One of the main things that has been introduced to us as we progress through the course is that often you are required to specialize to get a job in industry. After having more of an understanding of how big AAA companies work, it is clear why this is the case. In some companies your job role may be so specific that you may only be creating armor plates for a character or are in charge of only the foliage of a level. Yet, because the industry has developed to this point of such specialization, it seems that now it is starting to reverse slightly.
With a wave of new small companies opening, particularly with the growth of the mobile games industry, it is again seeming more like being a generalist is not exactly a bad thing. I keep hearing the phrase of 'T shaped' workers floating about, with a little bit of research it comes from the Valve Employer's handbook. The 'T shaped' worker is described as having a broad range of skills and deep expertise in one area. So for a character artist, you have a deep understanding of creating characters, but also a sound understanding of rigging, rendering, animation, etc.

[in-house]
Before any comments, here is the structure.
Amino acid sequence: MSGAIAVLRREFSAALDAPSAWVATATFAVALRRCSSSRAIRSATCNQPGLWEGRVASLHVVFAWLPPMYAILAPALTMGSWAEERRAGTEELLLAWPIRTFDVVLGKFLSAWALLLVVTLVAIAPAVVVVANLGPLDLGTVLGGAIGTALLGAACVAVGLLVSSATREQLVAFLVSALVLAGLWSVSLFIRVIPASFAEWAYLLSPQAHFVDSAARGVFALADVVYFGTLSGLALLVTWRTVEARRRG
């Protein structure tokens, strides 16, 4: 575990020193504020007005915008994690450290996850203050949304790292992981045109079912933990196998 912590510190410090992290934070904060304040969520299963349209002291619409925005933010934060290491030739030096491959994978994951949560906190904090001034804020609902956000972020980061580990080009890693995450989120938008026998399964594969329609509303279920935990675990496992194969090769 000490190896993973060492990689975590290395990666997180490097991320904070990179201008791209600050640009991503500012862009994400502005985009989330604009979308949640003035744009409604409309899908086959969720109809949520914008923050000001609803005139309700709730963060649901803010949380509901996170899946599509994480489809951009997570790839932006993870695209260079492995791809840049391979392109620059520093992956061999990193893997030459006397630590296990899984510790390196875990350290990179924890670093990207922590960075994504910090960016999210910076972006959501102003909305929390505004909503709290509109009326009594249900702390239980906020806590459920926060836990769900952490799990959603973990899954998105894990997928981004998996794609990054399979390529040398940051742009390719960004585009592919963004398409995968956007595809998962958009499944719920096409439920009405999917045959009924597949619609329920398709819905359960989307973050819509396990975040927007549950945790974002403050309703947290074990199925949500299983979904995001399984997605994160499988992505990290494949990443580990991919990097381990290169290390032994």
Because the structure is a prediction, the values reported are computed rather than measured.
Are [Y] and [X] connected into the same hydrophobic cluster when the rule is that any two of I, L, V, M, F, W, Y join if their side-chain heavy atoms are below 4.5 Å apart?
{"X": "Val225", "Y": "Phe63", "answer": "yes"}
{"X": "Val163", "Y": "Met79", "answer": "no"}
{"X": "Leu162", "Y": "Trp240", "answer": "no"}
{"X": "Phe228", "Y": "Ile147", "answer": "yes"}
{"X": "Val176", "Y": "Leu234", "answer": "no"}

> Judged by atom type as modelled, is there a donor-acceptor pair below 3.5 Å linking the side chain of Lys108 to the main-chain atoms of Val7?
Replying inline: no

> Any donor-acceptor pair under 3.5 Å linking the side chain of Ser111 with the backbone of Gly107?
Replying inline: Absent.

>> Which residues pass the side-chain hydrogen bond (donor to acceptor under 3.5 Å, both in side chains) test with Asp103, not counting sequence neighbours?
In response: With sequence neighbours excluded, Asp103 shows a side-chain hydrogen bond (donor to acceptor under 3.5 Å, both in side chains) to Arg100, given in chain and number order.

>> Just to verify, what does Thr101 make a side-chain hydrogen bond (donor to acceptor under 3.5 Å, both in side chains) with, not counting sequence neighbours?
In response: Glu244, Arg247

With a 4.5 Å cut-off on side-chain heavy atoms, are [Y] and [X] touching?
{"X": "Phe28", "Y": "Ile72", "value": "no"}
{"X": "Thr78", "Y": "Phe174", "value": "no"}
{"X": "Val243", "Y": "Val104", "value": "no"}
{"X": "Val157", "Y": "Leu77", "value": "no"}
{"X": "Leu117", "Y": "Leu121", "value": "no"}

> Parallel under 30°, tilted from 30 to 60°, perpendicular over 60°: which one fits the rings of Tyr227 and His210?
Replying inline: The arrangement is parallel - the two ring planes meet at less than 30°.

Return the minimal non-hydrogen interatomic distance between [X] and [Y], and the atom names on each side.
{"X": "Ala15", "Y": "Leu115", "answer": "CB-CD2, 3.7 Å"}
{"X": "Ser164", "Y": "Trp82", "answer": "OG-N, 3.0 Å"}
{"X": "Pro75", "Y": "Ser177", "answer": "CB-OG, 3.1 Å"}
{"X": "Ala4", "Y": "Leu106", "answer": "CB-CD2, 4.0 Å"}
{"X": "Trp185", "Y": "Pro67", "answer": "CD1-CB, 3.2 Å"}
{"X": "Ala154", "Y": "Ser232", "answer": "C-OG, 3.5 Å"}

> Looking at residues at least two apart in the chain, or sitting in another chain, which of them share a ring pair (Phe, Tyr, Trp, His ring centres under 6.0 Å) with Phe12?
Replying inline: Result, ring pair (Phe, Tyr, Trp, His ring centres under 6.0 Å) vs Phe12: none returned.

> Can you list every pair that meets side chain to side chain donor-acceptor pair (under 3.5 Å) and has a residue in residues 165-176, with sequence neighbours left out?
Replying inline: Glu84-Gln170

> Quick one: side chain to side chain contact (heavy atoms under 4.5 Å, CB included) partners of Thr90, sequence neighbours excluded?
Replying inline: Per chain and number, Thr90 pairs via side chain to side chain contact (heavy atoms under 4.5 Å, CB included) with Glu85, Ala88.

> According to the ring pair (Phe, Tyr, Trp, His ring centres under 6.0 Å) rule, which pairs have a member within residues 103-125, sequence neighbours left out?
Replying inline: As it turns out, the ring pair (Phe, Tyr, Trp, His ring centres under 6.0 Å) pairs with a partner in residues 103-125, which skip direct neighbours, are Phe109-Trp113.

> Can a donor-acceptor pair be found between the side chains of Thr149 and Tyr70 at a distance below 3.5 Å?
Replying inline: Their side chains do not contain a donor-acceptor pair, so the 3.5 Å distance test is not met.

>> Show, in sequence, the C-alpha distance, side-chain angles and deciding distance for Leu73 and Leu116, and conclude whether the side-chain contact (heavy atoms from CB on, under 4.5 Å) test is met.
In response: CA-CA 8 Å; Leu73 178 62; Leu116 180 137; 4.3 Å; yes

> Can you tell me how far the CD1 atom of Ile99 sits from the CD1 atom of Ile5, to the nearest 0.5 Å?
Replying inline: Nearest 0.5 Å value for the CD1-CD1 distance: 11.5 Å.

Even to get into the AAA development, I still feel that it is important to keep up with lots of different skills. After speaking to past graduates who are in industry they still work on a variety of things, be that bug fixing, texturing, learning in-house engines, or just learning new programs in general. I think that one should stay flexible and keep an open mind to a variety of skills. What happens when you have done everything you can do? If they employee has other skills, they can go help in another area, someone without those skills can not. So surely the employer would see the person with more general skills as a better investment?
So as well all struggle on deciding where we want to specialize our skills, maybe it is better to stay a bit more general.